Category Archives: Blogs

To Stream or not to Stream?

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I have always been a fan of quality.

Now, that’s something which is in the eye of the proverbial beholder – what’s perfectly fine to me might be intolerable to you and the reverse is true, too.   When it comes to things like entertainment, I have always been a fan of the best reproduction that I can get my hands on, even if that means inconveniencing myself slightly – carrying a CD Walkman when many of my peers had moved on to smaller, lighter MP3 players, hankering after a Laserdisc player when everyone I knew was more than happy with VHS.  You get the picture, I suspect.

In recent years, I’ve begun to see the advantage of relaxing my self-imposed high standards just a tad.  I now carry a Sansa Clip Zip Mp3 player armed with a capricious flash card filled with songs and podcasts and I get on fine with it (albeit with my music ripped in Flac format and a funky little FiiO headphone amp to boost the output a little) and I’ve begun to play about with the streaming services available via my Xbox 360, thanks to a slight contretemps with my local branch of Blockbuster Video (I don’t want to verify personal data in a queue every time that I rent films, their bizarre corporate policy apparently insists on it.  Enjoy your soon-come obsolescence, boys).

My findings were mixed.  LoveFilm, arguably the market leader in the UK thanks to the muscle offered by corporate parent Amazon, had a limited selection not assisted by smudgy video quality and frequent buffering issues which rendered films unwatchable (this is on a 60 mb connection, mind you).  Netflix UK was similarly hit-and-miss with video quality and I really can’t get on with the recommendation engine, which works about as well (i.e., not at all) as most recommendation engines seem to do for me.  They’re fine if you’ve somehow only just found out about the existence of films and the cinema, but not really a serious consideration for anybody else.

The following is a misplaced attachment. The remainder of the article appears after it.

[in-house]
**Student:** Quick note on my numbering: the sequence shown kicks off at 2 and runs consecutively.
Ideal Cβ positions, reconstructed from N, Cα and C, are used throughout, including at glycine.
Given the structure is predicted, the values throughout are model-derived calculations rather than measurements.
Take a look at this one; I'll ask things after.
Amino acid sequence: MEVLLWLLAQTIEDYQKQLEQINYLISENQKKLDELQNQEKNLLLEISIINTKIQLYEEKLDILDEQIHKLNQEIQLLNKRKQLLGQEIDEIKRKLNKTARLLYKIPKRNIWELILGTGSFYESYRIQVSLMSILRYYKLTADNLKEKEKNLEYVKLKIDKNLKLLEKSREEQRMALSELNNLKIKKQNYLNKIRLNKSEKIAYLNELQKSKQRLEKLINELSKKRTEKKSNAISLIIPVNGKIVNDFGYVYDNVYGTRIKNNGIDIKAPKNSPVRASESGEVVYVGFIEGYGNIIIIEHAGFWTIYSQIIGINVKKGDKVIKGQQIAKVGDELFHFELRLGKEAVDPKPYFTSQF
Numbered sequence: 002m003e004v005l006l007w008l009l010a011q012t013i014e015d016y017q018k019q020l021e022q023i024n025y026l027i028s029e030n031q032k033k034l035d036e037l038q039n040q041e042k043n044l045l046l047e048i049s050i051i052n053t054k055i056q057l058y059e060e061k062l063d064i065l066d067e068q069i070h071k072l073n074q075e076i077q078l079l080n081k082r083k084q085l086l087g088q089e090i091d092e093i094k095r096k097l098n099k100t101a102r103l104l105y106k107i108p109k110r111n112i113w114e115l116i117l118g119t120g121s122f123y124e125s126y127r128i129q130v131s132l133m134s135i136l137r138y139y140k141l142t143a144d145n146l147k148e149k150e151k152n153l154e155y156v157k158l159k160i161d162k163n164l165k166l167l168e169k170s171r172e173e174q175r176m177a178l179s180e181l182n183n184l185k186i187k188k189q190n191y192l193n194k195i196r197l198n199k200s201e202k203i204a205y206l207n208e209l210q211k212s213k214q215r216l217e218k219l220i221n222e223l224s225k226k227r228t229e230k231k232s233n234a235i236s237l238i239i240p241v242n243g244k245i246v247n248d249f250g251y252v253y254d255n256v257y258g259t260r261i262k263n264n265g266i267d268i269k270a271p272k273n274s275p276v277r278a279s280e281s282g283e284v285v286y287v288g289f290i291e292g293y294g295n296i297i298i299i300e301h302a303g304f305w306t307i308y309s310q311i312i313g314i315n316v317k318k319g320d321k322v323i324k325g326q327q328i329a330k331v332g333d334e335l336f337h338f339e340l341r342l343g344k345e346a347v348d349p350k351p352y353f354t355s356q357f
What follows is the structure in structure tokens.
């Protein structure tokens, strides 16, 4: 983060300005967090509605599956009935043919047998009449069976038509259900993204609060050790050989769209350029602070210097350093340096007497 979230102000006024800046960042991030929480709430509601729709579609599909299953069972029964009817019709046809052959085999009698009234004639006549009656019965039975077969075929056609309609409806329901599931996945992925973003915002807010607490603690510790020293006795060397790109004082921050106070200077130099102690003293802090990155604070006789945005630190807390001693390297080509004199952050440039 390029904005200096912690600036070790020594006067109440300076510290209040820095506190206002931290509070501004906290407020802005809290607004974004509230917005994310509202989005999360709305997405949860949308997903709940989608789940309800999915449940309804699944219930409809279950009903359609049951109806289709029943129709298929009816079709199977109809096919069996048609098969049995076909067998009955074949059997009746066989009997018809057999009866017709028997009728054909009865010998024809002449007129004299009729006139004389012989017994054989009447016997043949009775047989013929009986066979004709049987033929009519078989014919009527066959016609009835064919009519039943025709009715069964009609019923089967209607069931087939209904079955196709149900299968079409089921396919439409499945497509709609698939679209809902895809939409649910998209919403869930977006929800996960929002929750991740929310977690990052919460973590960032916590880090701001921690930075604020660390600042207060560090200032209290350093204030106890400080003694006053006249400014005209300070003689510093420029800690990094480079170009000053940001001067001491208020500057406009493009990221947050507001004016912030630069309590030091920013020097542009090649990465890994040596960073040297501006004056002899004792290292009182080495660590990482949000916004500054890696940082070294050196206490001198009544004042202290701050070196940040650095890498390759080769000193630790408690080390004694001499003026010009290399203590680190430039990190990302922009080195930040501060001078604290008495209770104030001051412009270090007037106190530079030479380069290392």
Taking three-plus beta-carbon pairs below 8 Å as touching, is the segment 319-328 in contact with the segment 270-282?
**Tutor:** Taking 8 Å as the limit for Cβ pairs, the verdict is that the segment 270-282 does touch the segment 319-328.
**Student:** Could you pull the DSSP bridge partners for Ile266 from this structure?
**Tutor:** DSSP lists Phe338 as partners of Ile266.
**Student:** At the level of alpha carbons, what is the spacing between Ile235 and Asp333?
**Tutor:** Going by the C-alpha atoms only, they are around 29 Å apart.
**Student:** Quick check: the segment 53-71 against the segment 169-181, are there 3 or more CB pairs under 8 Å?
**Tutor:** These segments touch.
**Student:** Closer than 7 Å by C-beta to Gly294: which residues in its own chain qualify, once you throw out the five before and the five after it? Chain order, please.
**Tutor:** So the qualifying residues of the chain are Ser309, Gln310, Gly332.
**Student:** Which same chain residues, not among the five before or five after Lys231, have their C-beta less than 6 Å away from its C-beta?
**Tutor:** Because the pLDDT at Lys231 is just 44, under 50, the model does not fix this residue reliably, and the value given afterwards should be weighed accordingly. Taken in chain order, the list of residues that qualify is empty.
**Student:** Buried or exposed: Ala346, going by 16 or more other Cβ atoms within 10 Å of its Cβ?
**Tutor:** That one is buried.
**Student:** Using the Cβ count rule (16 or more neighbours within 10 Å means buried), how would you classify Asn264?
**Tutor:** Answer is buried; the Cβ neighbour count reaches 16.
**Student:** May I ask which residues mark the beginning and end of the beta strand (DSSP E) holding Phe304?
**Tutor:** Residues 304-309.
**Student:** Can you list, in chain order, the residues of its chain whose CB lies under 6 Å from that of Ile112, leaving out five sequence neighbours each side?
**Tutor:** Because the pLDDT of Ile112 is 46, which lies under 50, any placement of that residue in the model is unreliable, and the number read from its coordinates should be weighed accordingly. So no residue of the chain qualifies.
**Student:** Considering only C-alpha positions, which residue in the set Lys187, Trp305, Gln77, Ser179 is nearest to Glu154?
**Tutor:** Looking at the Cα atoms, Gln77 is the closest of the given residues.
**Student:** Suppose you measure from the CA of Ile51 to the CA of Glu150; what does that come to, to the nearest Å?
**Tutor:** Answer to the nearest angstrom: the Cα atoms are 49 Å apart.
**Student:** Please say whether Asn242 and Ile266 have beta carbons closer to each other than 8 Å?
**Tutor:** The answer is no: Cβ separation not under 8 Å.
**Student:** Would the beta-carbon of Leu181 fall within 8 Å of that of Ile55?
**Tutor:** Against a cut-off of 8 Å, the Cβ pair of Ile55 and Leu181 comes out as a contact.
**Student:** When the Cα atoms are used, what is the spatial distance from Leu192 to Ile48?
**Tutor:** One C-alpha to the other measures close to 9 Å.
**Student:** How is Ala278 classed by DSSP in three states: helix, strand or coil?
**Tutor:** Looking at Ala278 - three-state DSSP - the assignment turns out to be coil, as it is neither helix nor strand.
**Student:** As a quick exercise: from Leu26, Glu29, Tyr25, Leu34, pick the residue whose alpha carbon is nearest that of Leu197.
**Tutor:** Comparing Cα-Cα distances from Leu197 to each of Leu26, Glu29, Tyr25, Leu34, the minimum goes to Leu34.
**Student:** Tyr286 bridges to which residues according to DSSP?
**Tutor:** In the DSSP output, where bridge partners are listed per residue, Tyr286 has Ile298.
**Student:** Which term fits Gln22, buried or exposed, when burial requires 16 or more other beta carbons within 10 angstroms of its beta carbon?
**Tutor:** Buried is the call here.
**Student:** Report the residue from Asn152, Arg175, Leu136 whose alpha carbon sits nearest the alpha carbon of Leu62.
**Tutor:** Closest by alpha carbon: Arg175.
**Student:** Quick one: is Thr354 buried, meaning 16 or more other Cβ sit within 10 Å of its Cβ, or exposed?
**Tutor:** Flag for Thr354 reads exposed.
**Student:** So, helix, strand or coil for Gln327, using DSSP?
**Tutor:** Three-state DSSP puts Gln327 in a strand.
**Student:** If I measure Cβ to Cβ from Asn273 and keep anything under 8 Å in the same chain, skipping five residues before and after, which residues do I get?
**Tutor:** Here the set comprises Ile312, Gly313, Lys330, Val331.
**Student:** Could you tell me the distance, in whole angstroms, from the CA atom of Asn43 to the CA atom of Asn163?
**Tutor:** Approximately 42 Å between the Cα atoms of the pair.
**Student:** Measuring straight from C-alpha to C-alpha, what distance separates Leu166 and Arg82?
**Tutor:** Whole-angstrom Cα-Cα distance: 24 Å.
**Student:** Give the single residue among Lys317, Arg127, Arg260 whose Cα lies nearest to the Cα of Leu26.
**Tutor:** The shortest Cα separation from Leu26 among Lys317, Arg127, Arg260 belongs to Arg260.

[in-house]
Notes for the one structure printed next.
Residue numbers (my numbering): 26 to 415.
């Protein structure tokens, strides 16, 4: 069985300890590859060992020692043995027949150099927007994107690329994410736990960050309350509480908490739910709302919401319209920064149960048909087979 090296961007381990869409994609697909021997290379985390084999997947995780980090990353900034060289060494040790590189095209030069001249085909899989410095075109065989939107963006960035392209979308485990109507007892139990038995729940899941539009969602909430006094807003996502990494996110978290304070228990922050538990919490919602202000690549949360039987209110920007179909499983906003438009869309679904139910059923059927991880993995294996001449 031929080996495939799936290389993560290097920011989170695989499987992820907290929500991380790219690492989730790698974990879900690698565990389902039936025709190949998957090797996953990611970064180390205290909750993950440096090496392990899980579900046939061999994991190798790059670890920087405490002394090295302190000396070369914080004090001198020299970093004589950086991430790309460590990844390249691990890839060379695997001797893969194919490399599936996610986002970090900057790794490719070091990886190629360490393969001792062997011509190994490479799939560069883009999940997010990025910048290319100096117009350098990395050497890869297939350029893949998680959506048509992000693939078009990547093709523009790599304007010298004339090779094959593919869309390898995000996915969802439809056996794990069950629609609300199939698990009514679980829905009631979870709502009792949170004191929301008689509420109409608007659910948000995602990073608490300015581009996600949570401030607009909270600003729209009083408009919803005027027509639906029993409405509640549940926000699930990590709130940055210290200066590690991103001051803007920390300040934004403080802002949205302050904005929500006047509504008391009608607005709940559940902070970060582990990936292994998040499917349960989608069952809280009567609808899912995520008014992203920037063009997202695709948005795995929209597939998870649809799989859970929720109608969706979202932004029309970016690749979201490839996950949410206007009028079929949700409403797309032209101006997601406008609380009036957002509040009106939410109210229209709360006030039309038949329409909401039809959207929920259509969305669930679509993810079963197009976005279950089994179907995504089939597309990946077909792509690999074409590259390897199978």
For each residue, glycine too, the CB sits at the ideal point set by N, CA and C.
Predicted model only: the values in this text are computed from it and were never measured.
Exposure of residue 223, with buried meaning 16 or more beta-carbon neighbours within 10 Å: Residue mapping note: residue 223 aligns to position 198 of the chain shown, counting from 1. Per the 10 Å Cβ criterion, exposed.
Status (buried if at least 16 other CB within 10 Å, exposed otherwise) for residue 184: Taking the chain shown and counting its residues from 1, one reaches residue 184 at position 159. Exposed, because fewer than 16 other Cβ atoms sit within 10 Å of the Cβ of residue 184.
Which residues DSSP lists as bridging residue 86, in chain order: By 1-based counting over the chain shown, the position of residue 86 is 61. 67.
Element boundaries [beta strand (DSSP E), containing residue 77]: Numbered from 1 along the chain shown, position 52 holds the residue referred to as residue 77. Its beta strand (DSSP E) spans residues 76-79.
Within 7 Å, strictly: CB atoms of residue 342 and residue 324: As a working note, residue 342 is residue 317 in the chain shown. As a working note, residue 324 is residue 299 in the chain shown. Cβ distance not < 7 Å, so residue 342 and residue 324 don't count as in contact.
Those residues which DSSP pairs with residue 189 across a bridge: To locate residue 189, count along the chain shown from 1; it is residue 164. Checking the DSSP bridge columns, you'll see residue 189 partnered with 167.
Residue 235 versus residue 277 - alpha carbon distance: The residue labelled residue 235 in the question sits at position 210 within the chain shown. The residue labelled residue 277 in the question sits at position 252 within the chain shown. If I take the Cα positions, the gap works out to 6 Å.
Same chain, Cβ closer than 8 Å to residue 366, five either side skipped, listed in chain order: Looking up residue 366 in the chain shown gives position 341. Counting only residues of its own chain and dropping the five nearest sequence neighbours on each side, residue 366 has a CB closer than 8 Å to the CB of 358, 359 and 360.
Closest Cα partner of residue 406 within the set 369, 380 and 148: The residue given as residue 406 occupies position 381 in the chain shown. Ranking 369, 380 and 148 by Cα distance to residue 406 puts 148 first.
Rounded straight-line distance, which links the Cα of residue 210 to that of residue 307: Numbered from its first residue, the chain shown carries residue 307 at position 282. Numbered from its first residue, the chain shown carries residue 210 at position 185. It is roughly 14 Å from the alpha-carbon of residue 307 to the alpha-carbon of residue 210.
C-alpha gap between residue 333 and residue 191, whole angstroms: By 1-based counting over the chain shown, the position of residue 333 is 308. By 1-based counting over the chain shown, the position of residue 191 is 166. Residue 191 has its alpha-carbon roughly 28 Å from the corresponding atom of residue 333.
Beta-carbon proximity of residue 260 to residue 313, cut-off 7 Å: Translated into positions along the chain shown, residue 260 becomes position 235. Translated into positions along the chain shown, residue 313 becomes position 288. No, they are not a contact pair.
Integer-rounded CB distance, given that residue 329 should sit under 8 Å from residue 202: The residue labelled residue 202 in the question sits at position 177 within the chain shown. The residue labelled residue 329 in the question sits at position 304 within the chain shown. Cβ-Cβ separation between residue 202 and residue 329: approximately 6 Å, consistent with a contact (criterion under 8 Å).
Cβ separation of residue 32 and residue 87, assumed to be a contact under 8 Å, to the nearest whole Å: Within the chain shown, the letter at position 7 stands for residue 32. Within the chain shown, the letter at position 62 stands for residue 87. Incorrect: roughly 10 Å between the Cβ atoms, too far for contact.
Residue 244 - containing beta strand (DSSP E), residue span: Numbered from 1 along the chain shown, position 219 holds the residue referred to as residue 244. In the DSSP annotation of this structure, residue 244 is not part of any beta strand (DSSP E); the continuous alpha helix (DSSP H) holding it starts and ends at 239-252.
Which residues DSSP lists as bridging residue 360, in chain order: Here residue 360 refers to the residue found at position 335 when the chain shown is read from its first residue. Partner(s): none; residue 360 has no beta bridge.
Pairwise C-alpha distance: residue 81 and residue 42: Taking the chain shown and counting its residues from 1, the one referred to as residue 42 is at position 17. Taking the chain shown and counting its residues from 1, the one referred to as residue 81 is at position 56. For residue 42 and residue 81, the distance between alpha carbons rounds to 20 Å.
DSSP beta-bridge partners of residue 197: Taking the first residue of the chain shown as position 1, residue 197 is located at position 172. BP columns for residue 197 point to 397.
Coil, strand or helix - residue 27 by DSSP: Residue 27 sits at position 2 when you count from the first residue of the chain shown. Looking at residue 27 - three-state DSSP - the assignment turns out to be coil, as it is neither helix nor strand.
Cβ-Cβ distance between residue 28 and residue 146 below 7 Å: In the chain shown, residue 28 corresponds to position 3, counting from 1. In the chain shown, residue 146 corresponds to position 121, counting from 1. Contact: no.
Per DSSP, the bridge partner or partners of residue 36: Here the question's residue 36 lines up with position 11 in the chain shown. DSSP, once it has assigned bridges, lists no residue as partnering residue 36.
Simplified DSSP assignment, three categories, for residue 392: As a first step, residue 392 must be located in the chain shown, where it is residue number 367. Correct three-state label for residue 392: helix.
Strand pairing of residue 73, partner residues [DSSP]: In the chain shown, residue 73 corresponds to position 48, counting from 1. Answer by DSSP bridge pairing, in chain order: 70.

Microsoft’s own films on demand service is apparently aimed at Russian oligarchs, so is really not for me as I don’t want to pay the cost of a new DVD movie to rent a streamed version.  So, it was to evil corporate overlords Sky that I went for a free trial of their ‘Sky Now’ service – an offer boosted somewhat in my estimation by a tagged-on 800 Microsoft Space Bucks if you watch at least 90 mins of the service in a month.

Do not spill this lady's Chablis.  Seriously.

Do not spill this lady’s Chablis. Seriously.

Having viewed the 2012 McG spy-fi action comedy, “This Means War“, and Steven Soderbergh‘s “Haywire” on the service, I’m now able to suggest that it’s actually…okay?   Not a match for a decent sd DVD transfer, as the sound is resolutely stereo-based, but perfectly watchable quality which should allow you to check out a movie and then double-down on the Blu-Ray, say, if you really like a film.  No buffering whatsover to report, either, which is a nice change – many of the streaming services that I’ve tried have offered image and playback quality so prone to glitches, drop-outs and other annoyances that they become less the experience of watching a film and more akin to glancing at still photographs and listening to a CD skipping in the background.

I don’t know that I would continue to subscribe to the service – the selection is pretty limited, which seems to be true of every such offering available to UK consumers – but it’s certainly worth looking at if you can take up this current Xbox offer in the UK.

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Season’s Greetings

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I hope that you’re enjoying your holiday season – whichever form it may take.

Our own not-Christmas celebration has been slightly postponed to the happy arrival of a new niece (it’s a long story which I won’t bother you with), so the traditional December 25th meal is probably going to happen for us nearer to the New Year than normal.

Enjoy your holiday – and the company of those you love. Even if they are grumpy cats.

 

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Hypocrisy? What hypocrisy?

We’ve barely had time to try and process Friday’s tragic events in Newtown, Connecticut and UK tabloids are up to their usual tricks.